Pilates doesn’t appear to have a lot in common with spinning, so you might be surprised to learn that it’s one of the most effective ways to cross-train to enhance your performance on the bike. Not only are many devoted Fuse students also avid cyclists, some of our instructors also lend their skills to lead spin sessions at studios across town.
The students and teachers in this crossover crowd report that Pilates training has improved their performance in and enjoyment of spin classes. Here are the top ways you can benefit from Pilates cross-training for indoor or outdoor cycling:
• A Strong Core
One of the central benefits of Pilates is that it builds a strong core, and that will improve your posture and form on the bike. The ability to hold the rounded forward position without pain in your shoulders or back can be tricky, and Pilates will help you gain the understanding and ability to properly engage your core in this position to help give you a boost.
• Better Balance
Biking with a balanced body means you won’t have to rely on one side more than the other to power through intense sessions, and moving efficiently will decrease fatigue and risk of injury, too.
• Better Breathing
When you’re pushed to your max, it’s really easy to let your upper body slouch and rib cage collapse, but that inhibits your breathing and won’t do you any favors when you’re trying to push through an intense burst. In Pilates, you will work to strengthen your upper back and practice back extension. This will enable you to keep your chest open and shoulders back to allow deep inhales and exhales and keep oxygen flowing to your muscles even during the hardest parts of the workout.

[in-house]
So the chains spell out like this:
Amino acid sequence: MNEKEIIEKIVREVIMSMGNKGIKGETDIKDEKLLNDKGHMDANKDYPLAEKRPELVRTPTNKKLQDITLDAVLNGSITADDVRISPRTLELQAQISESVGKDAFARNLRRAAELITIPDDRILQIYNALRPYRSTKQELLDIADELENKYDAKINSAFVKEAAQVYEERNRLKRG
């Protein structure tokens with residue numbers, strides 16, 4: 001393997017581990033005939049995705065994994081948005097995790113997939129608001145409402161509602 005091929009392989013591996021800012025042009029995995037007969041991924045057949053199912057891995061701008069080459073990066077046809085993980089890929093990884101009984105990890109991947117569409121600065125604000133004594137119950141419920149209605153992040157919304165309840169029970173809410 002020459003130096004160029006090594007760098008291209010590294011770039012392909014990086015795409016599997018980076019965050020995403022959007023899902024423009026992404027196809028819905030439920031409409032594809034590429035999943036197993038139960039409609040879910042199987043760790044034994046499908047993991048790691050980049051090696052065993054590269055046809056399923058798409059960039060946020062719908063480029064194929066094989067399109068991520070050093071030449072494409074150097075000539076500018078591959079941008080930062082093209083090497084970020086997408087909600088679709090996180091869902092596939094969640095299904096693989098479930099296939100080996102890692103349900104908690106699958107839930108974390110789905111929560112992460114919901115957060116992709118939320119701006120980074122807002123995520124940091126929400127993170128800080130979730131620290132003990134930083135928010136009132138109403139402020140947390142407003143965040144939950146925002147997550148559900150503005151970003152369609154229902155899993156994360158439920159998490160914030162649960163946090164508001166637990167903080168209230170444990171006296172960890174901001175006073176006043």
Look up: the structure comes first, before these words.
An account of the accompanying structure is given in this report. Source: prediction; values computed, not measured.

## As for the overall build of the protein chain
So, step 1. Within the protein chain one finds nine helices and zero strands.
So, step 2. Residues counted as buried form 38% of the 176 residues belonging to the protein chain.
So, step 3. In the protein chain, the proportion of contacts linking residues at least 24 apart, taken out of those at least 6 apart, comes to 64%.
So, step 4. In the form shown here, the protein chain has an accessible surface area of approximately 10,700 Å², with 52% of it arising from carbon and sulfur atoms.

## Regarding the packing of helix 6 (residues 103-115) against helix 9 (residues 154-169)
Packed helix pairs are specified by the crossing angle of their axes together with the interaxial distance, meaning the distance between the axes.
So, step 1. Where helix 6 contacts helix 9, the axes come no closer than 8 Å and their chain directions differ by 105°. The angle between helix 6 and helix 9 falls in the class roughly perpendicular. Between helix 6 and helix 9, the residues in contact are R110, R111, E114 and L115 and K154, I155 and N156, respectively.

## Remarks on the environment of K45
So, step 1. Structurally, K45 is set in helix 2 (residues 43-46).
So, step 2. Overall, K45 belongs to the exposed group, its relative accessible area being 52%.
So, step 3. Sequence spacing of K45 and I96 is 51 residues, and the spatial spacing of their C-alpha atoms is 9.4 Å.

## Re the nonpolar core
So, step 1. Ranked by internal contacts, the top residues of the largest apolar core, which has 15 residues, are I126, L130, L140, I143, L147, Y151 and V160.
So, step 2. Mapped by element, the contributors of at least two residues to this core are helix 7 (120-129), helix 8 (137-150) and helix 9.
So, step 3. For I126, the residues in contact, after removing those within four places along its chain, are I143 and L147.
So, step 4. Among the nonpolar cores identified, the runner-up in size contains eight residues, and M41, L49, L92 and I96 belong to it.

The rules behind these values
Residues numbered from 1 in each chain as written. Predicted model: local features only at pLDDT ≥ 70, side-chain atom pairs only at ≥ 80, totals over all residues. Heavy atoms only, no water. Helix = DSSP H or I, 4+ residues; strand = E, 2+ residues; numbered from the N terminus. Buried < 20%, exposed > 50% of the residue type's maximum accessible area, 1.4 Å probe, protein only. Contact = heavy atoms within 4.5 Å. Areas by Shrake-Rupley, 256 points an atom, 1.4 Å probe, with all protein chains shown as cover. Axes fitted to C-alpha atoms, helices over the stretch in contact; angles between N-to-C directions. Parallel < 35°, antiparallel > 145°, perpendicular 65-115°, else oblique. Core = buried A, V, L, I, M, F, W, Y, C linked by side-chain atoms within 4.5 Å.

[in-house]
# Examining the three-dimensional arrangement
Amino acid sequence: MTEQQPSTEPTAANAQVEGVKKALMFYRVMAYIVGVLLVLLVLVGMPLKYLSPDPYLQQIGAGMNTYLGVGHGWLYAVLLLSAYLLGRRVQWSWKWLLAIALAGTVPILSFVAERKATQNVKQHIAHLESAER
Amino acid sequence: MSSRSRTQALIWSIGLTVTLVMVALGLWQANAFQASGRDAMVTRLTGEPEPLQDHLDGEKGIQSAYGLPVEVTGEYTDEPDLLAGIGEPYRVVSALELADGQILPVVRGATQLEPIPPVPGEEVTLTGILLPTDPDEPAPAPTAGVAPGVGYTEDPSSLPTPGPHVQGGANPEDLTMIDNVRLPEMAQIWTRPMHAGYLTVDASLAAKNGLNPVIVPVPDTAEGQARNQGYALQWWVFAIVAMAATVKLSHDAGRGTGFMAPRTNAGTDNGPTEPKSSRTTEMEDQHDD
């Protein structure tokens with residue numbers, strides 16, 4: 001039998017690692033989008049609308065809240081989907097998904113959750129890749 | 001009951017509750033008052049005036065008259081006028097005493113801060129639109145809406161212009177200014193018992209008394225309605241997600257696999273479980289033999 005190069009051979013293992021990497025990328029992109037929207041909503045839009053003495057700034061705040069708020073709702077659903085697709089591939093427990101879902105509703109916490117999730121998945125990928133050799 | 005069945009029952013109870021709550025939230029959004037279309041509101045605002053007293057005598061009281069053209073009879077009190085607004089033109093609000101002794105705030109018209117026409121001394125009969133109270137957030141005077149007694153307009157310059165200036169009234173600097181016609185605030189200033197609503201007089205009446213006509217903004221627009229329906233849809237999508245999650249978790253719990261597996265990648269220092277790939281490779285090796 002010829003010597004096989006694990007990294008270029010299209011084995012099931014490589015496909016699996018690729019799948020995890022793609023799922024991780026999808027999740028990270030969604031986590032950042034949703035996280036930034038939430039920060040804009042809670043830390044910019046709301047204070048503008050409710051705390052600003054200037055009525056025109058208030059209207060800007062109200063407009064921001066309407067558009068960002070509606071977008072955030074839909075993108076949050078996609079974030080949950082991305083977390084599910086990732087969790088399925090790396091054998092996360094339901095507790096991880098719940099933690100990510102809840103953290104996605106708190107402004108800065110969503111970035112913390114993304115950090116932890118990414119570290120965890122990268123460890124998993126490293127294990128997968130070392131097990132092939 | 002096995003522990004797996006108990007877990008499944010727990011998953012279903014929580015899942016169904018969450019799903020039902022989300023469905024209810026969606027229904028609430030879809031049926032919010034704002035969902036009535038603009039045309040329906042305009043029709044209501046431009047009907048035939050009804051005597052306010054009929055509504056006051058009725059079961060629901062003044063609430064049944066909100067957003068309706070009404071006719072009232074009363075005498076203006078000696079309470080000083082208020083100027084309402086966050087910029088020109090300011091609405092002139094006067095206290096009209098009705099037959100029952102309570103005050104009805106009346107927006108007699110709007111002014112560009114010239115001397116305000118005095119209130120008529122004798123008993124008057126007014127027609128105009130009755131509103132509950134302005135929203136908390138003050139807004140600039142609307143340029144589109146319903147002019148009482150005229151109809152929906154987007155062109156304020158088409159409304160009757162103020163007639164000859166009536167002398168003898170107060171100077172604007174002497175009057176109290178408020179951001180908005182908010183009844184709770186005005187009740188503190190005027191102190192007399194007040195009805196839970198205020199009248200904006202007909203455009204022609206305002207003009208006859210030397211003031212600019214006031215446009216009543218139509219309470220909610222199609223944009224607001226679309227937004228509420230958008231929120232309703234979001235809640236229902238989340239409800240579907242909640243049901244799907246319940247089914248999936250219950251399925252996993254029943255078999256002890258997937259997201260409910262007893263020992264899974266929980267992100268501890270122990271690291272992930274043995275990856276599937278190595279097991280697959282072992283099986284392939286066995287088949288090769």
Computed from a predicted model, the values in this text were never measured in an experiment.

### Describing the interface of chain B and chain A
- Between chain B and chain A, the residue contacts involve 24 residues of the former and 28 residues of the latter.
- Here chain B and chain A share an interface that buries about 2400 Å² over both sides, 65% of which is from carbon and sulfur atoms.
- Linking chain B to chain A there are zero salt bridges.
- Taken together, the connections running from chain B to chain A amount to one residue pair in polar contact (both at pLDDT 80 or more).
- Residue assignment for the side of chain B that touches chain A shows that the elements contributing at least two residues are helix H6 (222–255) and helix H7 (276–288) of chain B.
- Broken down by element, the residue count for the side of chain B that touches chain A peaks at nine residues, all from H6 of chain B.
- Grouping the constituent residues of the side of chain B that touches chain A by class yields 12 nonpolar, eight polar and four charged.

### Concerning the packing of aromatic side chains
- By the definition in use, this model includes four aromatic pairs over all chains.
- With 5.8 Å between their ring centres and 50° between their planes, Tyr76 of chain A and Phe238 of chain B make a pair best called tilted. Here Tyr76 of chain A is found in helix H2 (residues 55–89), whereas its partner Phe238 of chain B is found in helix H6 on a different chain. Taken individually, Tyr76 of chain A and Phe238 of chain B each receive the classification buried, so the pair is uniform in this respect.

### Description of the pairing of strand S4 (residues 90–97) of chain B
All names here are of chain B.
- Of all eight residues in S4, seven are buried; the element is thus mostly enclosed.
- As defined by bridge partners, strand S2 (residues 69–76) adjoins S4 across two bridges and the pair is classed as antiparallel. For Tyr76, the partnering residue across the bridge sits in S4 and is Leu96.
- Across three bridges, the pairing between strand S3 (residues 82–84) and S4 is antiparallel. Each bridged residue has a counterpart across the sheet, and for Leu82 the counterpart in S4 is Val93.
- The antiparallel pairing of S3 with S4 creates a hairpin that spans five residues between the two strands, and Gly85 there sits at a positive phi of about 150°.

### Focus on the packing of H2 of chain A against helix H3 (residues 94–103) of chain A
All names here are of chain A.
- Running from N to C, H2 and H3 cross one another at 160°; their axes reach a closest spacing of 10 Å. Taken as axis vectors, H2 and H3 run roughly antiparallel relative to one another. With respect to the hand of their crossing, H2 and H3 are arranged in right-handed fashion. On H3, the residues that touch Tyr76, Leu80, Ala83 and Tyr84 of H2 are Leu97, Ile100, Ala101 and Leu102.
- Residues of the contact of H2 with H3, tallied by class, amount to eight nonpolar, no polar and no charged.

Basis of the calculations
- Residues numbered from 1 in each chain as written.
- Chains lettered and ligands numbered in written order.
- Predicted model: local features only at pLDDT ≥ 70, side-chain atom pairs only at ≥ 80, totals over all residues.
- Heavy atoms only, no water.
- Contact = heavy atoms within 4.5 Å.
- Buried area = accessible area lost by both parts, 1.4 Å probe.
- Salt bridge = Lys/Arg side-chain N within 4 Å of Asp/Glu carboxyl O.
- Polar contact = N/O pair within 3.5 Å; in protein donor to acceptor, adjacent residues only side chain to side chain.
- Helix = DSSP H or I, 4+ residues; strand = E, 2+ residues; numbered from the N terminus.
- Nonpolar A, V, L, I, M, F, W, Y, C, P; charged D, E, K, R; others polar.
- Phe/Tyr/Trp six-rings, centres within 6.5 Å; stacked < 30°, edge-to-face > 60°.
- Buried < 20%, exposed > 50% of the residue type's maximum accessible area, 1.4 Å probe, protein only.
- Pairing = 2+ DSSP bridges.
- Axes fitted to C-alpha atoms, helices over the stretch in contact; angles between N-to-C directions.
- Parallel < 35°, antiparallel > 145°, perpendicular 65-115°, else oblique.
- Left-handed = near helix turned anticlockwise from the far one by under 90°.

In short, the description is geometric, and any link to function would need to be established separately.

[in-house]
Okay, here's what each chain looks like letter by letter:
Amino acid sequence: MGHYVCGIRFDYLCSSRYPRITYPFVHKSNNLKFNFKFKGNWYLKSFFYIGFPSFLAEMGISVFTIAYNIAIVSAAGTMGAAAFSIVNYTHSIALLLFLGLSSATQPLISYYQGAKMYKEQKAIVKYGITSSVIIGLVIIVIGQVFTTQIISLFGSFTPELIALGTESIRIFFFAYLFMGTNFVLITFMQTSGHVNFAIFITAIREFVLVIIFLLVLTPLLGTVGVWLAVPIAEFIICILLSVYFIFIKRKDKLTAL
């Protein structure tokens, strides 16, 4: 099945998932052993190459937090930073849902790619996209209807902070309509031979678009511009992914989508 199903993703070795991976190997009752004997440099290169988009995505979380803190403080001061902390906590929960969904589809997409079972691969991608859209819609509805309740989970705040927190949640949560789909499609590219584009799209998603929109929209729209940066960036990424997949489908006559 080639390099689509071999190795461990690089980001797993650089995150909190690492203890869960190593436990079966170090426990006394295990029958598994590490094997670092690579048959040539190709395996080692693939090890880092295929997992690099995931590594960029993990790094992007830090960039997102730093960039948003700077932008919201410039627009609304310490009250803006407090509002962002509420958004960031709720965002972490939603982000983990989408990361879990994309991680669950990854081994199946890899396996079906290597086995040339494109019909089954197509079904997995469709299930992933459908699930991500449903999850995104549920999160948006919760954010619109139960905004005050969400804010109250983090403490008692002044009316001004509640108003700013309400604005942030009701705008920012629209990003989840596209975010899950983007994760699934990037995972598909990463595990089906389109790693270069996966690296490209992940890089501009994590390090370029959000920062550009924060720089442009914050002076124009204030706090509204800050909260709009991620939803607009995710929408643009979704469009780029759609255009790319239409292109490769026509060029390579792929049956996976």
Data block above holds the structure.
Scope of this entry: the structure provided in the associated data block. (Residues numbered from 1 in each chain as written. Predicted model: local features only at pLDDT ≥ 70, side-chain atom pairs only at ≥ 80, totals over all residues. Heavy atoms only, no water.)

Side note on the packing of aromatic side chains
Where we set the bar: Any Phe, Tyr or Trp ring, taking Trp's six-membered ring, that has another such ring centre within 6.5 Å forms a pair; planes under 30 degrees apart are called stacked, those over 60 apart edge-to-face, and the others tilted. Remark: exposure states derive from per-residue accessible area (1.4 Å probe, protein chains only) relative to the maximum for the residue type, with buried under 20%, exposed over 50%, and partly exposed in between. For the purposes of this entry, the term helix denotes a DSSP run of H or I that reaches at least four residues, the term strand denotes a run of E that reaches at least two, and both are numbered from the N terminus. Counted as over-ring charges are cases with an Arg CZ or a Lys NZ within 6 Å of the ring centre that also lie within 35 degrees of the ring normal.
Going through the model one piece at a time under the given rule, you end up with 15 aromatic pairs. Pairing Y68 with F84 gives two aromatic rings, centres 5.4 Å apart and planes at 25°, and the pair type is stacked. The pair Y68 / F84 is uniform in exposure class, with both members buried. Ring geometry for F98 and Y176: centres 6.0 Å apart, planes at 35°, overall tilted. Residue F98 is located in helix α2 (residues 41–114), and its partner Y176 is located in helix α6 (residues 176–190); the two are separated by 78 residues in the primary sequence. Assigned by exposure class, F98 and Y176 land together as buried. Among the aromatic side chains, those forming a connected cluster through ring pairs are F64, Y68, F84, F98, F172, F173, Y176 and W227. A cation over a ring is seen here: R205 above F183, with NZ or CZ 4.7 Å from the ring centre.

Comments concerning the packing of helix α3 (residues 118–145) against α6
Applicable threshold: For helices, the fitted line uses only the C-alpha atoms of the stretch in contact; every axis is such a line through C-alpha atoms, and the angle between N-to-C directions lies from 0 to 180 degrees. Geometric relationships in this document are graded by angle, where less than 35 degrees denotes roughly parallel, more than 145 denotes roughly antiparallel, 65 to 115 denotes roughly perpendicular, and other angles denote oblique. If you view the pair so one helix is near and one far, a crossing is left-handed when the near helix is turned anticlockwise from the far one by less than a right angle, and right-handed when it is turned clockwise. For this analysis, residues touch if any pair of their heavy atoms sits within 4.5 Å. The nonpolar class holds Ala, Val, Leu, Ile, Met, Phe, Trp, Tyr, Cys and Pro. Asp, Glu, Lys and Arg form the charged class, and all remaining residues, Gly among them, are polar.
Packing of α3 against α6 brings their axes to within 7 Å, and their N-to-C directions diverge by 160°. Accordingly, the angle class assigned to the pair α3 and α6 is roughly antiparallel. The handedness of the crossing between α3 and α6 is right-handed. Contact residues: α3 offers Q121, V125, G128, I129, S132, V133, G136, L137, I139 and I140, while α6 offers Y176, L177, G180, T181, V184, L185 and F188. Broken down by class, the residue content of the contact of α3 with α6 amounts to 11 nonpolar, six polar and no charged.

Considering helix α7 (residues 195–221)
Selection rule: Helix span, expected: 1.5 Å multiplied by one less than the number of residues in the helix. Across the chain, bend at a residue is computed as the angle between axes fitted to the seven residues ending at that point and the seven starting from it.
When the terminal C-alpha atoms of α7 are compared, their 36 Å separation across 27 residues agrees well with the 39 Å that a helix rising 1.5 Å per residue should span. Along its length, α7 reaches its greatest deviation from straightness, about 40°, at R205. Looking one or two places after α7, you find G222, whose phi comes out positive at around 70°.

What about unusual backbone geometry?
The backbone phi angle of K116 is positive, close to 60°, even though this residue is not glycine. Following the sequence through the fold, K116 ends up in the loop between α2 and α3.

• Stronger Legs
Lower body exercises like bridges, leg lifts, side kicks, and the famous Fuse Pilates micro-bends will help you build long, lean quadriceps and hamstrings, the muscles that are used most in spinning. Strong leg muscles power the sprints and climbs that are part of every spin class, and solid quads and hamstrings help to protect your knee joints, too. And don’t forget about the importance of stretching! There are tons of Pilates exercises and stretches that are specifically designed to address tightness through your hips and legs, and they will feel oh-so-good after a session in the saddle.
• Increased Strength
If you’ve been spinning for a while, you might notice that you hit a plateau after several months on the bike despite plenty of intense cardio sessions every week. This article gives a good explanation about the importance of mixing in strength training (and yes, Pilates counts!) to get strong and lean. Variety is the spice of life, so mix up your routine to get all the fun and full benefits of your favorite workouts.
Ready to start cross-training with Pilates? Here’s what you should request in class to get the most benefits:
• Quad and hip opening + strengthening
• Inner and outer thigh exercises
• Glute exercises
• Transverse abdominals & oblique exercises
• Chest opening and shoulder strengthening
• IT Band, glute, and hip stretches
Sign up for a class for your next class and don’t miss Rumer’s Pilates for Spinner workshop on Saturday, January 28th!
Post contributors: Kara Reinsel, Rumer Richardson